Science 3 min read

Robots Enable Bees and Fish To Talk To Each Other

In a strange use of science, researchers managed to use spy robots to synchronize the movements of a school of fish and swarm of bees together, effectively allowing them to communicate with one another.

This new study could give researchers new found insight into how animals communicate with one another. ¦ Shutterstock

This new study could give researchers new found insight into how animals communicate with one another. ¦ Shutterstock

Bees and Fishes are poles apart in the animal kingdom. But scientists at École Polytechnique Fédérale de Lausanne have figured out a way for the two dissimilar species to interact and reach a shared decision.

Researchers from EPFL teamed up with four other European universities on an imaginative experiment under ASSISIbf – a project which involves using AI to learn animal behavior.

Their goal was simple; to get a group of bees in Austria to communicate with a specific fish in Switzerland. So, the scientists created robots to serve as an intermediary between the two species. Incredibly, it worked.

Not only were the animals able to transmit signals – regardless of the distance – but they also gradually started coordinating their decisions. Think of it as two individuals in a different part of the world having a simple phone conversation.

In a statement to the press, a researcher at EPFL’s Mobile Robots Group (MOBOTS), Frank Bonnet said:

“We created an unprecedented bridge between the two animal communities, enabling them to exchange some of their dynamics.”

Sounds like a bit of a stretch, doesn’t it? So, let’s take it back to the beginning.

A Spy Robot to Infiltrate the Animal World

A couple of years ago, researchers at MOBOTS unveiled robots that were designed to infiltrate a group of animals and influence their behavior. As unlikely as it seemed at the time, the spy robot succeeded.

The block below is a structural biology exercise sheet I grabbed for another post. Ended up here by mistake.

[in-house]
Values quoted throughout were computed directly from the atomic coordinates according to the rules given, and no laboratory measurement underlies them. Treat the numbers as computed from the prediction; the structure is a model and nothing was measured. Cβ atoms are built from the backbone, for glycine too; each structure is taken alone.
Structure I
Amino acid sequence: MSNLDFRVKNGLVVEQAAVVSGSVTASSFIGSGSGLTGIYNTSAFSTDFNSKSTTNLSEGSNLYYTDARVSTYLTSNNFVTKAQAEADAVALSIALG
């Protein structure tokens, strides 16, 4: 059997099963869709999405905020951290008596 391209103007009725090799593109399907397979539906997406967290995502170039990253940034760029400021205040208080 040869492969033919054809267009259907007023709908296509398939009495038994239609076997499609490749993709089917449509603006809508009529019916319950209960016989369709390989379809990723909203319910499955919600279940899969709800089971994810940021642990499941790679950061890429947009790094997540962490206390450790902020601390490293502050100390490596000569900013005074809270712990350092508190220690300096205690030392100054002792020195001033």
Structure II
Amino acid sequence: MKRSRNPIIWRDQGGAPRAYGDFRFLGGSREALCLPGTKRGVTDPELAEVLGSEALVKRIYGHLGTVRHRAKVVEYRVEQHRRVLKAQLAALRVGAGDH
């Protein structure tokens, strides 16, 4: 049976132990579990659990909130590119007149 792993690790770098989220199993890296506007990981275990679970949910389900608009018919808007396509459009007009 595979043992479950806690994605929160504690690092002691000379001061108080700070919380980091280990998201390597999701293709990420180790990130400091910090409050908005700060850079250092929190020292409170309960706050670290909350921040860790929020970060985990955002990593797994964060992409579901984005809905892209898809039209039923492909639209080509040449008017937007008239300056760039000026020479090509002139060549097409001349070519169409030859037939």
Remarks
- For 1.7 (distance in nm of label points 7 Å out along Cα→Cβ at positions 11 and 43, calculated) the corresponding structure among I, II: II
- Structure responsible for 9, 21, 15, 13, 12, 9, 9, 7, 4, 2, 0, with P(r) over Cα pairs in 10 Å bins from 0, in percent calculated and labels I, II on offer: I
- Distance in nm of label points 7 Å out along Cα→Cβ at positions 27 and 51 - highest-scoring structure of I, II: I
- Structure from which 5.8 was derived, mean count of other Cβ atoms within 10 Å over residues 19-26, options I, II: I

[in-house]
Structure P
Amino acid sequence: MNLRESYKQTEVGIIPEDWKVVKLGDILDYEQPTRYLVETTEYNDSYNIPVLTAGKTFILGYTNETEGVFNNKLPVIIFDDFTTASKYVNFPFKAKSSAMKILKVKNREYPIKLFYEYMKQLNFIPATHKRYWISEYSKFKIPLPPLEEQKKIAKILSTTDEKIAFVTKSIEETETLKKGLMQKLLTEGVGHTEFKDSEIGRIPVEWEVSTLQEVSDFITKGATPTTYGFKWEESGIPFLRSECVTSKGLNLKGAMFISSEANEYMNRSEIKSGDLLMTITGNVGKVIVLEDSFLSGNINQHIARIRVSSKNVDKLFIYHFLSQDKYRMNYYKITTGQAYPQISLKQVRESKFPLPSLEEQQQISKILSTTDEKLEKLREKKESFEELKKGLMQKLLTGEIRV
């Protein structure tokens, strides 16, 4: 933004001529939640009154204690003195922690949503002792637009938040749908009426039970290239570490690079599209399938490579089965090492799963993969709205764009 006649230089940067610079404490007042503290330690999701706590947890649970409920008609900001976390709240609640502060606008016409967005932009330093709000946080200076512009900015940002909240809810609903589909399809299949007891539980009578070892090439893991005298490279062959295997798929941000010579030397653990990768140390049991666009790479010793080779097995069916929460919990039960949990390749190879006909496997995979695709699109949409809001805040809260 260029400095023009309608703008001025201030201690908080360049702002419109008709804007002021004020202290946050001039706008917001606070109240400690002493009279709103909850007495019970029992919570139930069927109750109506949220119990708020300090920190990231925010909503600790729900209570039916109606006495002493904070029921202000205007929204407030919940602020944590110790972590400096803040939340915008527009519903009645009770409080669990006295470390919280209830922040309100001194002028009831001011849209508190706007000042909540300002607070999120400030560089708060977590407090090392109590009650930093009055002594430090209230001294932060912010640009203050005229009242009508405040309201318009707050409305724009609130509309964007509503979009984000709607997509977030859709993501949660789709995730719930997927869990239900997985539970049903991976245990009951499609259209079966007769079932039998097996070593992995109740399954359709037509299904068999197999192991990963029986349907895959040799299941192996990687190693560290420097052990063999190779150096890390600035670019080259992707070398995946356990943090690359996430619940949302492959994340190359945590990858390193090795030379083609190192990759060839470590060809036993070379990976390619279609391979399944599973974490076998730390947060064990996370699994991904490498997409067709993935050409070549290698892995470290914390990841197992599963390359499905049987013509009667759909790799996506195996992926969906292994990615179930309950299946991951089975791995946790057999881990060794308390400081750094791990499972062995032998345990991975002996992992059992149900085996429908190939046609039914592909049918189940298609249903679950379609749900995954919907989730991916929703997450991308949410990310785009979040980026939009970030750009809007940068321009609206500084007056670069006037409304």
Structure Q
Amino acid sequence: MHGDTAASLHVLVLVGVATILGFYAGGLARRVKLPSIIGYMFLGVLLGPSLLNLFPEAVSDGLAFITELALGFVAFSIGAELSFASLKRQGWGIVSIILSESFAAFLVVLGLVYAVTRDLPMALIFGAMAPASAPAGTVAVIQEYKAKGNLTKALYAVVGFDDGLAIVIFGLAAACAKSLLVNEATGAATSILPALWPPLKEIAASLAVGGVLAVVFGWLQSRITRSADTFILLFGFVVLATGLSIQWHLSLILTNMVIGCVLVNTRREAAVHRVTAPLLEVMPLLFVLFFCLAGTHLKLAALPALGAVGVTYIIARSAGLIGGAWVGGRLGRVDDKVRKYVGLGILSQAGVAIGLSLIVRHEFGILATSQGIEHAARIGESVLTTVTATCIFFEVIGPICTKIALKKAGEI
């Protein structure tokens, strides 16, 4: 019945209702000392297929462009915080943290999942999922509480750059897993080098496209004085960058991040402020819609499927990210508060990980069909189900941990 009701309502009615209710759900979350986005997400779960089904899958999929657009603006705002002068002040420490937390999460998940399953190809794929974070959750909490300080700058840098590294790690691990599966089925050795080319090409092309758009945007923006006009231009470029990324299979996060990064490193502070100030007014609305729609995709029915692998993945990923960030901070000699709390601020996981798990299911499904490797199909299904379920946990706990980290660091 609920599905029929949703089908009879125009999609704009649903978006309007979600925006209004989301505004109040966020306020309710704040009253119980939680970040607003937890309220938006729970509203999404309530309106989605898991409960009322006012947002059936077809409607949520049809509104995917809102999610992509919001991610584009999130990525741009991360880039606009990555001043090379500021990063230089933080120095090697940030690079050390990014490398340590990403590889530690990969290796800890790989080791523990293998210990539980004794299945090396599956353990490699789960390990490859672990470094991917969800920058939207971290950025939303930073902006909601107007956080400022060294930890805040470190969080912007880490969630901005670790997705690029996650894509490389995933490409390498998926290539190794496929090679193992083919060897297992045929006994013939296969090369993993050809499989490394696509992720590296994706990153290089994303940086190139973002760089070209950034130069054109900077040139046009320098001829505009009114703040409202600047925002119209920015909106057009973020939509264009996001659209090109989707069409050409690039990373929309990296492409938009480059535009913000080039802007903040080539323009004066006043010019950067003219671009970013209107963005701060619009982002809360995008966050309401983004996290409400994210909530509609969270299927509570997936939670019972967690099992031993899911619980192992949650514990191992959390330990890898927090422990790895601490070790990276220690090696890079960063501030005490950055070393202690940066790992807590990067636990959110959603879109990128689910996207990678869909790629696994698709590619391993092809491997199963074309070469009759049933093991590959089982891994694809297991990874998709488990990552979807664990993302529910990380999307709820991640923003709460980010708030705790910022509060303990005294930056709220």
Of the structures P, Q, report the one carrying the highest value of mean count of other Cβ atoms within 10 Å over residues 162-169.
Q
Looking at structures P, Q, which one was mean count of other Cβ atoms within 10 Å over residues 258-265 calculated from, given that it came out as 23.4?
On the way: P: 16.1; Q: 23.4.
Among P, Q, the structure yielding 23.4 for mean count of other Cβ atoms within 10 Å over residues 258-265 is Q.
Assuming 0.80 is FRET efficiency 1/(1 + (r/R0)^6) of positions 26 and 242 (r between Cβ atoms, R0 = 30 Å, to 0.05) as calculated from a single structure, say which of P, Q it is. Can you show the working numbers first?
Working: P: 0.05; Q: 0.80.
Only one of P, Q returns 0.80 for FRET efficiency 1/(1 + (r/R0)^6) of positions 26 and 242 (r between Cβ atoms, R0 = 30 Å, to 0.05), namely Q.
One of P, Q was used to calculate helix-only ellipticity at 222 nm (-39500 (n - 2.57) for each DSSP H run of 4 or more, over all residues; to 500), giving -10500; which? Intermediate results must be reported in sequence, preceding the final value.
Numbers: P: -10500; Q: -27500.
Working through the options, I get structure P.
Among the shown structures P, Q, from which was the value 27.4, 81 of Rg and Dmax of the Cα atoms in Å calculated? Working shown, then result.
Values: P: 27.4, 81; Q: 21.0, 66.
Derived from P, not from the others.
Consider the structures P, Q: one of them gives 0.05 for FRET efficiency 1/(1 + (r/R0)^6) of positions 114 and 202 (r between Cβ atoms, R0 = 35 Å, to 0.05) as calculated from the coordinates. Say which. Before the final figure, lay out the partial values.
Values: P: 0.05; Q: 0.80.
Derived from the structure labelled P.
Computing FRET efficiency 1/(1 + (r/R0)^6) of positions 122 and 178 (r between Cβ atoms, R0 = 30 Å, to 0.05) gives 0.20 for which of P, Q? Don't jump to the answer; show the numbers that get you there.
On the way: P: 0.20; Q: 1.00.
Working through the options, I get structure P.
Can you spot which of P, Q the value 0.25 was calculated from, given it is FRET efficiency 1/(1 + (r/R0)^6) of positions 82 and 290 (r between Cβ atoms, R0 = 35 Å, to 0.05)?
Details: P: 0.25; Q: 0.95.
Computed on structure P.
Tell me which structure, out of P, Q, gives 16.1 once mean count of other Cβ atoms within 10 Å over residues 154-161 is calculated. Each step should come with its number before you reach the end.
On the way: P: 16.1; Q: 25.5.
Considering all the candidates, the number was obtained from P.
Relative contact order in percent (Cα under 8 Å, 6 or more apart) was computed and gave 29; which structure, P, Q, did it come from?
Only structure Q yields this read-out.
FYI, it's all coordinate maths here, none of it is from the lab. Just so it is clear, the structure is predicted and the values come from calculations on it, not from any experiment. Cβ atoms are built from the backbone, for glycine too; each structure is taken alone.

Not only did the robot blend with a community of cockroaches and chicks, but it also infiltrated a school of fishes in an aquarium. Even better, the robot convinced the fishes to swim in a specific direction.

So, the researchers thought; why not take it further? And they did.

The scientists connected the robot and school of fish with a colony of bees in a laboratory in Austria. The bees also had two spy robot terminals in their midst.

Acting As an Intermediary

Within a short while, both robots started emitting signals that were specific to their species. While the robot in the school of fishes emitted visual and behavioral signals, the colony of bees robot emitted vibrations, air movement, and variations.

In response to the signal, the bees swarmed around just one of the terminals. The fish, on the other hand, began swimming in a specific direction.

During this period, the robots in both groups recorded and exchanged data about their group dynamics. They then translated the received information into signals that are unique to the corresponding species.

Francesco Mondada, a professor at BioRob, said:

“The robots acted as if they were negotiators and interpreters in an international conference. Through the various information exchanges, the two groups of animals gradually came to a shared decision.”

After almost 30 minutes of sharing information, the animals in both groups became synchronized. The school of fishes swam in a counterclockwise direction, while the colony of bees swarmed around one of the terminals.

Bonnet further noted that:

“The species even started adopting some of each other’s characteristics. The bees became a little more restless and less likely to swarm together than usual, and the fish started to group together more than they usually would.”

The Implication of the Study

Findings from the study can help biologists understand animal behavior and how individual organisms interact within the ecosystem.

Also, robotics engineer can develop machines that can adequately capture and translate biological signals.

Read More: Why Experts Think we Should be Taxing Robots

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Sumbo Bello

Sumbo Bello is a creative writer who enjoys creating data-driven content for news sites. In his spare time, he plays basketball and listens to Coldplay.

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    Paul Weidner April 07 at 11:32 am GMT

    Spy robots are really cool.

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